Thursday, March 5, 2009

Mamaki, Hawaiian Nettle

When early Polynesians sailed their great double-hulled canoes to the pristine sands of Hawai'i, they brought with them a way of life that had sustained them in the ‘aina they left behind. The plants and animals they had chosen for the journey provided them with food, shelter, clothing, medicine, and other basic necessities. However, the strange new landscape offered its own unique bounty of flora and fauna never before seen by human eyes. The resourceful settlers found some of these forms of life particularly useful; thus, the first Hawaiians became part of a native ecosystem, joining a web of life like no other place on Earth, isolated in the middle of the Pacific.

Unlike nettles elsewhere, the endemic Mamaki (Pipturus albidus) is a nettle without prickles. It evolved over thousands of years until it no longer needed to expend energy creating a defense against the grazing animals that later impacted the landscape along with the humans who brought them. The healing properties of nettles are well known in many cultures across the globe, and some Hawaiian uses for mamaki are similar to those found elsewhere.

The mamaki in my backyard has perfect, large, shiny but hairy leaves, but since I live in town at 400 feet elevation there’s little chance that Kamehameha butterfly larvae will ever visit. However, just in case they ever do decide to drop in, I’m happy to say I’m ready for them.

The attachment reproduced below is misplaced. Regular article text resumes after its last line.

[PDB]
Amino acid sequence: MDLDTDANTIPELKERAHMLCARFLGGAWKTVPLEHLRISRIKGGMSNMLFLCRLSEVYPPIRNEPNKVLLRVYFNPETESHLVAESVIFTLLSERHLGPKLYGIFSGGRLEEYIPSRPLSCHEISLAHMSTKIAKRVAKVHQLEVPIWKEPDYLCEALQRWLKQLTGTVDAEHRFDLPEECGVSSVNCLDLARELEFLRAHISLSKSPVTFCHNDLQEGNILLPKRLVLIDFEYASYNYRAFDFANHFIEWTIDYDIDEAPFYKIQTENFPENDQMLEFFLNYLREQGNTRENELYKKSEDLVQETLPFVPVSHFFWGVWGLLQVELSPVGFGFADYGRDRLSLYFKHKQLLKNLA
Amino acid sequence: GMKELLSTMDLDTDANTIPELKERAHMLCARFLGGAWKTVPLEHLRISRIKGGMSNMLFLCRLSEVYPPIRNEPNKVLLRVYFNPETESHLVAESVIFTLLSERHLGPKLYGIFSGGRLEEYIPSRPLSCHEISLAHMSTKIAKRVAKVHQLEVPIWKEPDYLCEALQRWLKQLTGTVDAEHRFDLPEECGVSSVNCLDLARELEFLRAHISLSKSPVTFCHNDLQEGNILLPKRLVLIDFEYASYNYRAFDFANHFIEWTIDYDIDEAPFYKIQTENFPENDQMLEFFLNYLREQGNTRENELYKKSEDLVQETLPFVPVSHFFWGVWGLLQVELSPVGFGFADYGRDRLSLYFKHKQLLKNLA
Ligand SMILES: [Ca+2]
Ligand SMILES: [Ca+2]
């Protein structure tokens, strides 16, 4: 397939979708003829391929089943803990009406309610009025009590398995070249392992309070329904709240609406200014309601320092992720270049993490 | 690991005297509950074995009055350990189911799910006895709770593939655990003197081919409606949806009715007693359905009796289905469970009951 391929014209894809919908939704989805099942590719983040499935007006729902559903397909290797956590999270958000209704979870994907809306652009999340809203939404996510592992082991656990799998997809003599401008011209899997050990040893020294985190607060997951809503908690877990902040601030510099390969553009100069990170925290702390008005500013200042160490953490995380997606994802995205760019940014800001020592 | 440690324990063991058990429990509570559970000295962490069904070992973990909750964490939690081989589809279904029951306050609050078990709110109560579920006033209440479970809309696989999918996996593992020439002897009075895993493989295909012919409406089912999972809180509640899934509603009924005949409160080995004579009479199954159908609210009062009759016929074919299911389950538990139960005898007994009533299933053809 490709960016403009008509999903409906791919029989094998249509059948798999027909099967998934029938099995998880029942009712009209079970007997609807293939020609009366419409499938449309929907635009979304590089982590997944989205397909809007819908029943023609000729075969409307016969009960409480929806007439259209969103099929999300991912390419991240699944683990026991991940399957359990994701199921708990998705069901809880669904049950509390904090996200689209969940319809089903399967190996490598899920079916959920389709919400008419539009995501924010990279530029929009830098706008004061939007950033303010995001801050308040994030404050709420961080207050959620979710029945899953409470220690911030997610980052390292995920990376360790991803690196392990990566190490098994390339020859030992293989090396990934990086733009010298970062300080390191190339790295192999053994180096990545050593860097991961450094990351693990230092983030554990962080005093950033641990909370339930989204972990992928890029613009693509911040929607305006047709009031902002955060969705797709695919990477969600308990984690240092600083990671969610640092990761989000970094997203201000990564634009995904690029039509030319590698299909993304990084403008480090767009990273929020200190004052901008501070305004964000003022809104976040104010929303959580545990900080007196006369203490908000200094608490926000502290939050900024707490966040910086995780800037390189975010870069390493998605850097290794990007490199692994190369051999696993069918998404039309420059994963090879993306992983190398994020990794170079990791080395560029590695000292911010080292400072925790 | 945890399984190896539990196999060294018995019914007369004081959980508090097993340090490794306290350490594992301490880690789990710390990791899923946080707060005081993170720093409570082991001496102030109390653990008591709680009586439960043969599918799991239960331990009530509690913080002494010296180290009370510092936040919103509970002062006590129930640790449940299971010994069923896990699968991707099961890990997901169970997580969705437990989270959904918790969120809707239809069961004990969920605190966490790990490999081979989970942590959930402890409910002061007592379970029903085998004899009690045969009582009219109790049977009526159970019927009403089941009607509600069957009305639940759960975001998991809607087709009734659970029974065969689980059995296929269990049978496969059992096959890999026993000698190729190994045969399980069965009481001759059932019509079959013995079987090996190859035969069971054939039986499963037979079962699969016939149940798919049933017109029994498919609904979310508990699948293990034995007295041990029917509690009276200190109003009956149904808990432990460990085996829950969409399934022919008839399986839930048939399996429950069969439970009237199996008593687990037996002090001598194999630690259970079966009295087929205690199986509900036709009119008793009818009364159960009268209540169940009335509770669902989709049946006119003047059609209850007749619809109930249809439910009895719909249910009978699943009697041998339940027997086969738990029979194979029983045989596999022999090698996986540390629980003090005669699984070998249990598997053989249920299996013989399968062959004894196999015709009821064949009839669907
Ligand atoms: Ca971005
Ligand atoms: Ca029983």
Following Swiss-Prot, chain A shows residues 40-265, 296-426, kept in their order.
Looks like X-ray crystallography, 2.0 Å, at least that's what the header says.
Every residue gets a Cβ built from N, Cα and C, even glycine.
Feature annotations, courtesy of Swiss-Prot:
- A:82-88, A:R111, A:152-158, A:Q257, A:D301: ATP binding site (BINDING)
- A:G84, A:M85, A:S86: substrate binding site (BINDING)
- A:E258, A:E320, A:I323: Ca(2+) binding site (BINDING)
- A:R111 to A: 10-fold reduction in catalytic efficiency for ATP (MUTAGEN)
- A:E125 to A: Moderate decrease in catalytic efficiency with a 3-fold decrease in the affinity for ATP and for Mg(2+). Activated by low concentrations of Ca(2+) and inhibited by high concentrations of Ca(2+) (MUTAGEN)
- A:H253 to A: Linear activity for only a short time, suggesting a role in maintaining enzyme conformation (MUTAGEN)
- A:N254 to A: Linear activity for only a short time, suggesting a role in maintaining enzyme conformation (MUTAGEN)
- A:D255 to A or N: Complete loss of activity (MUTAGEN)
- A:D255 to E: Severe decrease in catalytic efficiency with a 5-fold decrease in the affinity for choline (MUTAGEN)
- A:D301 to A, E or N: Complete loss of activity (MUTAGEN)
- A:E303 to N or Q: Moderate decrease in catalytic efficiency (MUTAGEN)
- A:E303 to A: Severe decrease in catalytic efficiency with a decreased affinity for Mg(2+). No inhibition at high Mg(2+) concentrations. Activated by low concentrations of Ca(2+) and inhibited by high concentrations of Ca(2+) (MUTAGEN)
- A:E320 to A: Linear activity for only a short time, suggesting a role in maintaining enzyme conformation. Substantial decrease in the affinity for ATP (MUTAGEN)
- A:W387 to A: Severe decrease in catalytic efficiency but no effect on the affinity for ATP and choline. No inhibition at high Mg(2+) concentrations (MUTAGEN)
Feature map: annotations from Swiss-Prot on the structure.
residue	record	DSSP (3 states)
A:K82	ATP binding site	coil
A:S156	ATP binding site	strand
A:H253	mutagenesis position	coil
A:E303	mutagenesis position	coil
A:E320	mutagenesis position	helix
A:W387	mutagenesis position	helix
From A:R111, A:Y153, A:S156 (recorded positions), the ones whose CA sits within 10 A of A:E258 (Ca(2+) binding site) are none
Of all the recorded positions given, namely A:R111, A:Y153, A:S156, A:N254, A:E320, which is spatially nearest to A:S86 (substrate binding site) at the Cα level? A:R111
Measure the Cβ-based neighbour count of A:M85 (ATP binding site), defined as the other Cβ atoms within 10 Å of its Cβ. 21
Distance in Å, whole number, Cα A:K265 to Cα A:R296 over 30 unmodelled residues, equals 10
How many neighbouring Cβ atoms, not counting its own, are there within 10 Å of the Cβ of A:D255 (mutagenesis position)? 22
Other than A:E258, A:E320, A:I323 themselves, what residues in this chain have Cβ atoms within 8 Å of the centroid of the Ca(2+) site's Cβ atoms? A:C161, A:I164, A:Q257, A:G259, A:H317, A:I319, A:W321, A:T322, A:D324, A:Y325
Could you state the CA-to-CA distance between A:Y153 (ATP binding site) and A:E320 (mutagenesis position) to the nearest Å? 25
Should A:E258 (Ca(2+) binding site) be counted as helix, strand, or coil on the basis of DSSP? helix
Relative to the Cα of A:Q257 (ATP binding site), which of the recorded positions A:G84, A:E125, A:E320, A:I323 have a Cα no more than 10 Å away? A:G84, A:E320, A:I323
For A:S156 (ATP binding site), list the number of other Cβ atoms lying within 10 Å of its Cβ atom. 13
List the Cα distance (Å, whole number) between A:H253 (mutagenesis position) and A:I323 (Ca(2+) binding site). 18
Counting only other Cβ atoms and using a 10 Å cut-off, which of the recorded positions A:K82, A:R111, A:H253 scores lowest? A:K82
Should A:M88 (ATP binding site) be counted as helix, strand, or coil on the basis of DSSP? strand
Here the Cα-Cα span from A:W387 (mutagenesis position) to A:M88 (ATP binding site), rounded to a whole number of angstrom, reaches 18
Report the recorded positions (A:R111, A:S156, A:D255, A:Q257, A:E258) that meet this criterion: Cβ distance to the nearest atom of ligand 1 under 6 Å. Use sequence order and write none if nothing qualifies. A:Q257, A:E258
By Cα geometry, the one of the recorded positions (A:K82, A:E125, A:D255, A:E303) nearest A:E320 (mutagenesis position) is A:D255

Traditional Hawaiian Uses
Fiber: Inner layer of bark yields fiber for kapa (barkcloth)
Medicine: Leaves made into tea, tonic. Taken to reduce high blood pressure and high cholestrerol.

Habitat
Mamaki grows on all islands except Ni'ihau and Kaho'olawe, usually on the edges of the understory of mesic and rain forests, at altitudes between 1500 to 4000 feet, sometimes to 6000 feet.

Host Plant
Primary food source for some native insects, including the larvae of the endemic Hawaiian butterfly, pulelehua or Kamehameha butterfly (Vanessa tameamea)

Propagation
Best by seed – after separated from the berry they sprout easily and usually stronger plants result. Also can propagate from cuttings. For propagation tips, click here.

Landscaping Use
Can be shaped into a tree to 10’ in wet conditions; grows as a spreading, low bush in dry conditions. Not aggressive and usually takes well to pruning if no more than one-third is removed. White mulberry-like fruit attractive to birds, which spread the seeds. Plant in nutrient- rich, well-draining soil in semi-shaded to shaded location.

Sources

Common Hawaiian Trees, Kaulunani Friends of the Urban Forest
Growing Hawai'i's Native Plants, Kerin Lilleeng-Rosenberger
Growing Native Hawaiian Plants,
Heidi Leianuenue Bornhorst
In the Gardens of Hawaii, Marie Neal
Plants in Hawaiian Medicine, Beatrice Krauss

2 comments:

Hermes said...

Really interesting, thank you. I wish the Nettles here were so friendly!

Sunita said...

The stinging nettle here in Mumbai is used by the Great Eggfly butterfly (it looks prettier than it sounds) as the host plant for its larvae. If you take a look at my blog The Urban Gardener, you'll find a post 'Flights of Fancy' in which I've published photos of this butterfly at work.